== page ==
We certainly cannot change this situation by simply telling the young that purpose and discipline will make them happy. The only convincing argument is the one made by example. It is for this reason that the isolation of young people from adults has such tragic consequences. If parents spent more time with their children, introducing them to the things they love—whether music or fishing, computers or volunteer work—the problems would surely diminish. But not every parent can do this. In such cases, the community must pick up the slack. Not because this is its moral duty, but because if the community cannot convince the great majority of its members that life can be enjoyable and meaningful, it will be destroyed by a generation of desperate people.

The problem is that in our current environment, opportunities for passive and purposeless behavior seem to far outnumber opportunities for experiencing active, growth-producing happiness. The lifestyles of even our most fortunate children, while providing comfort, physical health, and material objects, rarely offer possibilities for excellence. And because schools conceive their task to be to pass on information rather than to foster the love of learning, children tend to forgo the serious pursuit of formal education. As a result, they are enticed instead into habits that promise happiness, but soon produce bitterness and a sense of failure, eventually leading to either resignation or rebellion.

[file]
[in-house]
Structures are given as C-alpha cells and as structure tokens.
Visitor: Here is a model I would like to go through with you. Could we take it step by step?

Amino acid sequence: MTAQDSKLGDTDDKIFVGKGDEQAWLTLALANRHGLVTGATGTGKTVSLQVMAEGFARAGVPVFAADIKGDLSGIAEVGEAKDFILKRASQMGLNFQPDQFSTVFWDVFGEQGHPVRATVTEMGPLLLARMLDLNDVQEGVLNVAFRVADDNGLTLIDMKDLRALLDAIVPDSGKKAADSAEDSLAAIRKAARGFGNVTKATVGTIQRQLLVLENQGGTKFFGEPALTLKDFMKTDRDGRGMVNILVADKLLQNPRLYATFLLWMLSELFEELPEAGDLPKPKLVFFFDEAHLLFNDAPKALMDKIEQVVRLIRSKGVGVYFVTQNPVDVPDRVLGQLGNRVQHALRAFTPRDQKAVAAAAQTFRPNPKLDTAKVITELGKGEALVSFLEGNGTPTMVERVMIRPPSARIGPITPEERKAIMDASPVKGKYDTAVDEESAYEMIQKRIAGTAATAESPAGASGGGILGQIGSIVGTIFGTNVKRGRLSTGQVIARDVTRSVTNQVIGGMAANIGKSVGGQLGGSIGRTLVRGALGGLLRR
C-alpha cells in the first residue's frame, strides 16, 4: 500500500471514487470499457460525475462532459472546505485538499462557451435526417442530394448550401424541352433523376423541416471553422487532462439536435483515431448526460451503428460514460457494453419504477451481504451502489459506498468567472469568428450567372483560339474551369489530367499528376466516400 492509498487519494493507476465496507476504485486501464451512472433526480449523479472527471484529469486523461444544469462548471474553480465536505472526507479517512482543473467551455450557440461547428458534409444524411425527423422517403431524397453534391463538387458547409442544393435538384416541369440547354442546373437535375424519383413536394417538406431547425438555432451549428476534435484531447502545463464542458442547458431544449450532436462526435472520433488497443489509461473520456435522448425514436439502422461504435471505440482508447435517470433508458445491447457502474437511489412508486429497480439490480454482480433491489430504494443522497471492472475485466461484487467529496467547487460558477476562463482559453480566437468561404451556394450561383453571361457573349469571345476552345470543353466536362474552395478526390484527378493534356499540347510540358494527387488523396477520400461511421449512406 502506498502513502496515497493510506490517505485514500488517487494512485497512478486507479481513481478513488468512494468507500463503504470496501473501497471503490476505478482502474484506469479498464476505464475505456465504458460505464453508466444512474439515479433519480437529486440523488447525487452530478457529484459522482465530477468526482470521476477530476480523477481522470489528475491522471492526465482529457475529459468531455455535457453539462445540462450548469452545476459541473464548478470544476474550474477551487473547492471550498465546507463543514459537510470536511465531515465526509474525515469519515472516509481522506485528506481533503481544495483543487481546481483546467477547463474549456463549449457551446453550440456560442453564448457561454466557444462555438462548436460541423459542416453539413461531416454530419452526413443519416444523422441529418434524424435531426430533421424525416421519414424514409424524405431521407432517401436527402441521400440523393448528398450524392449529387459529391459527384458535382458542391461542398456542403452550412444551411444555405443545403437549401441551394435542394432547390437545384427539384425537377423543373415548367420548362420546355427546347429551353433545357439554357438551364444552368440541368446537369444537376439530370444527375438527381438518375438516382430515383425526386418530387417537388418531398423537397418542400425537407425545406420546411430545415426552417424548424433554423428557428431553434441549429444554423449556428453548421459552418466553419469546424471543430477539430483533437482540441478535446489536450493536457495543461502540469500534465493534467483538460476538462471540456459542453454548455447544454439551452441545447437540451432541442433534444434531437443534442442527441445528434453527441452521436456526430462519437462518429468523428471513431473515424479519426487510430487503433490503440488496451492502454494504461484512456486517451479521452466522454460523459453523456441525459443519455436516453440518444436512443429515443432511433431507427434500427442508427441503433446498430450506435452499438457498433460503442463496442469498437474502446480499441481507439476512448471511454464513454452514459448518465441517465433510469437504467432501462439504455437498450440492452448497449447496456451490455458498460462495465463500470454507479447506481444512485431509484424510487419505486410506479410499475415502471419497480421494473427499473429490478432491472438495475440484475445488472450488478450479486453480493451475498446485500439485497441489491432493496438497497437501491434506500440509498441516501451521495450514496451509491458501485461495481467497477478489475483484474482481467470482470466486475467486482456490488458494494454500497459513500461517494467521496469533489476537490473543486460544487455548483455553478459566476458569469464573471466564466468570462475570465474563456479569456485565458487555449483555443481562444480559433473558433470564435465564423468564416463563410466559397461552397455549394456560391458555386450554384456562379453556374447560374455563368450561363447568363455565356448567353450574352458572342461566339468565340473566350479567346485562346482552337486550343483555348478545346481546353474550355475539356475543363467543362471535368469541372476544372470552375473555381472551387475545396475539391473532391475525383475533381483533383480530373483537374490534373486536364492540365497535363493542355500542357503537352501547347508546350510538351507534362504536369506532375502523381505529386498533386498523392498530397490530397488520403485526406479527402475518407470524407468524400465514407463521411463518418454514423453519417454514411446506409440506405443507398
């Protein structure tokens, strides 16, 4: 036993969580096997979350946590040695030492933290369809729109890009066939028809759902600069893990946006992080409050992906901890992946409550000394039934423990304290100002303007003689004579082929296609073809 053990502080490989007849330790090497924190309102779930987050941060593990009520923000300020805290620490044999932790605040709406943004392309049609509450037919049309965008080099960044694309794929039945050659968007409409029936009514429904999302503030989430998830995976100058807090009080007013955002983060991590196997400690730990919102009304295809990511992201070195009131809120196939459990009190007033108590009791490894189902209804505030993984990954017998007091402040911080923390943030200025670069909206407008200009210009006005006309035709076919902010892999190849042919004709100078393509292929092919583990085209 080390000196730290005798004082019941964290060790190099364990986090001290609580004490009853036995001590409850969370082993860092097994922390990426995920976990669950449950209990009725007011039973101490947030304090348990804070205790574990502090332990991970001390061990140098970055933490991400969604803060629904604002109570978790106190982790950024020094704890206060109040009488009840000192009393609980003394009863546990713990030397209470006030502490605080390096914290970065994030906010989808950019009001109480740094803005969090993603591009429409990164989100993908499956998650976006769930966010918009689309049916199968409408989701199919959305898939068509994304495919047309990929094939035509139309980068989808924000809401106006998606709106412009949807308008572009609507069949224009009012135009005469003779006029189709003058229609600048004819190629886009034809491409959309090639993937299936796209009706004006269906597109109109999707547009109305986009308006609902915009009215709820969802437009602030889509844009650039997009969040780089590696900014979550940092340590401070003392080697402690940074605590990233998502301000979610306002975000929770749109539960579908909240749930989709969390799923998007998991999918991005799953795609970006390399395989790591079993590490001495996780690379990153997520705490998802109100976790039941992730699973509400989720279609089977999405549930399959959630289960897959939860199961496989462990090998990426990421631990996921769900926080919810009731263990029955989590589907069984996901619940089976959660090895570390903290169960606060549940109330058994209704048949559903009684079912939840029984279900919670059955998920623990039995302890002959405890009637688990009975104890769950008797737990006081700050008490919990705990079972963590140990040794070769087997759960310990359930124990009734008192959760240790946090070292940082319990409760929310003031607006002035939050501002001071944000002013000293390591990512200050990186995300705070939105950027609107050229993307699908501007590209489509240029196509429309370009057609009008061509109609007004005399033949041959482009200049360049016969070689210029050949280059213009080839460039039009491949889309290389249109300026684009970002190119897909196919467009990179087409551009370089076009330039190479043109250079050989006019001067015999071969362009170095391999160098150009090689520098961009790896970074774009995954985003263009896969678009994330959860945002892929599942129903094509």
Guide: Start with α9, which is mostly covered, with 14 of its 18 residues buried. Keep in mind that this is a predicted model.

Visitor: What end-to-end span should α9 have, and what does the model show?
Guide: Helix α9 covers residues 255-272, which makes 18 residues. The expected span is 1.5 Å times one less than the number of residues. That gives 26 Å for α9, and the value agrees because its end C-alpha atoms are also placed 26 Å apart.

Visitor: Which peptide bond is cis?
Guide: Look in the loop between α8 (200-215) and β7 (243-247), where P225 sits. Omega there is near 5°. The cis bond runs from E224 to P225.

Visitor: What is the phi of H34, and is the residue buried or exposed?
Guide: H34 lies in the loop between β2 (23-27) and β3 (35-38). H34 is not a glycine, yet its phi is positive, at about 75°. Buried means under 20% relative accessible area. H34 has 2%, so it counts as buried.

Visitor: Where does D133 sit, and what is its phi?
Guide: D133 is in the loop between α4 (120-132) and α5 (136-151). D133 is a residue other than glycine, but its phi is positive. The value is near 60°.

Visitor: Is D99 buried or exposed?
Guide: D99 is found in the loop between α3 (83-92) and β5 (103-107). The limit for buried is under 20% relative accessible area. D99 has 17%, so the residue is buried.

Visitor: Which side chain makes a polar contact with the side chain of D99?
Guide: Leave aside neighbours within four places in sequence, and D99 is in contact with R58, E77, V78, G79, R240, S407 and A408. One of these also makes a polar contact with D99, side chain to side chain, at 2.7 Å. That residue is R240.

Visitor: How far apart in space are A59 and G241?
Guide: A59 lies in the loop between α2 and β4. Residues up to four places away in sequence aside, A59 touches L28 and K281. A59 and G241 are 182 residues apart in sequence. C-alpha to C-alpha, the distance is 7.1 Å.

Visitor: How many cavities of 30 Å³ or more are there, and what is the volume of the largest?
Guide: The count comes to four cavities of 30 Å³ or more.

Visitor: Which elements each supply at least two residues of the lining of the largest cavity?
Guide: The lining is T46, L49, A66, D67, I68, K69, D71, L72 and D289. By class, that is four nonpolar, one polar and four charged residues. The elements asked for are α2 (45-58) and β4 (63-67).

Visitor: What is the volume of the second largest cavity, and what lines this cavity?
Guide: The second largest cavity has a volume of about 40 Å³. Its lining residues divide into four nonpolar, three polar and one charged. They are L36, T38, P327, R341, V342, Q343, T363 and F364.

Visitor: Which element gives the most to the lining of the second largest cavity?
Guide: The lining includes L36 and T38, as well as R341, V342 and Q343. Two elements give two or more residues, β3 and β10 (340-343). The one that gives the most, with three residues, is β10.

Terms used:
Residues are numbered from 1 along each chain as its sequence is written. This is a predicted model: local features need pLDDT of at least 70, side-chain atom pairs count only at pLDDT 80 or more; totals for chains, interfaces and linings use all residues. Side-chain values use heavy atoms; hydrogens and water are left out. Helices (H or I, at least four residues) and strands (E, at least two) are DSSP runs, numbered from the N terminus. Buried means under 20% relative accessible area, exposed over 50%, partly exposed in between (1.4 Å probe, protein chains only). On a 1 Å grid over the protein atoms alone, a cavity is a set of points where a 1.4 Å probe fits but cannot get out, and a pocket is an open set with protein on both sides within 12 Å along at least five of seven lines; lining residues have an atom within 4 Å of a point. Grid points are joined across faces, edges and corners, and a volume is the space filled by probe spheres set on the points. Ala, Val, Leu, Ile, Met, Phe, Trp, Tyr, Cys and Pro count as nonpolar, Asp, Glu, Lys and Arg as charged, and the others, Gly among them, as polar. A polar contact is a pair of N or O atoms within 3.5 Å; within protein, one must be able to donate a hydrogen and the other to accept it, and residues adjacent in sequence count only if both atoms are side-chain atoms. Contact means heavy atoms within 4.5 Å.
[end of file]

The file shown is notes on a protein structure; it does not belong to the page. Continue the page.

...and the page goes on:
The central purpose of educational policy should be to understand better the dynamics of happiness and to find ways to increase its occurrence in the lives of the next generation. More than any other goal, this one is most likely to lead to a future worth hoping for.

Mihaly Csikszentmihalyi is a professor emeritus of human development in the departments of psychology and education at the University of Chicago. This essay is reprinted by permission of Daedalus, from the issue titled "American Education: Still Separate, Still Unequal," Fall 1995 (Vol. 124, No. 4).

Vol. 19, Issue 32, Pages 46-47, 64

Published in Print: April 19, 2000, as Education for the 21st Century
Web Resources
  • Read another essay by Milhaly Csikszentmihalyi, perhaps best known for his book Flow (Harper & Row 1990), "Creating the Future: Thoughts About Education," from New Horizons for Learning.
  • Read an interview on creativity with Milhaly Csikszentmihalyi, from New Dimensions Broadcasting Network.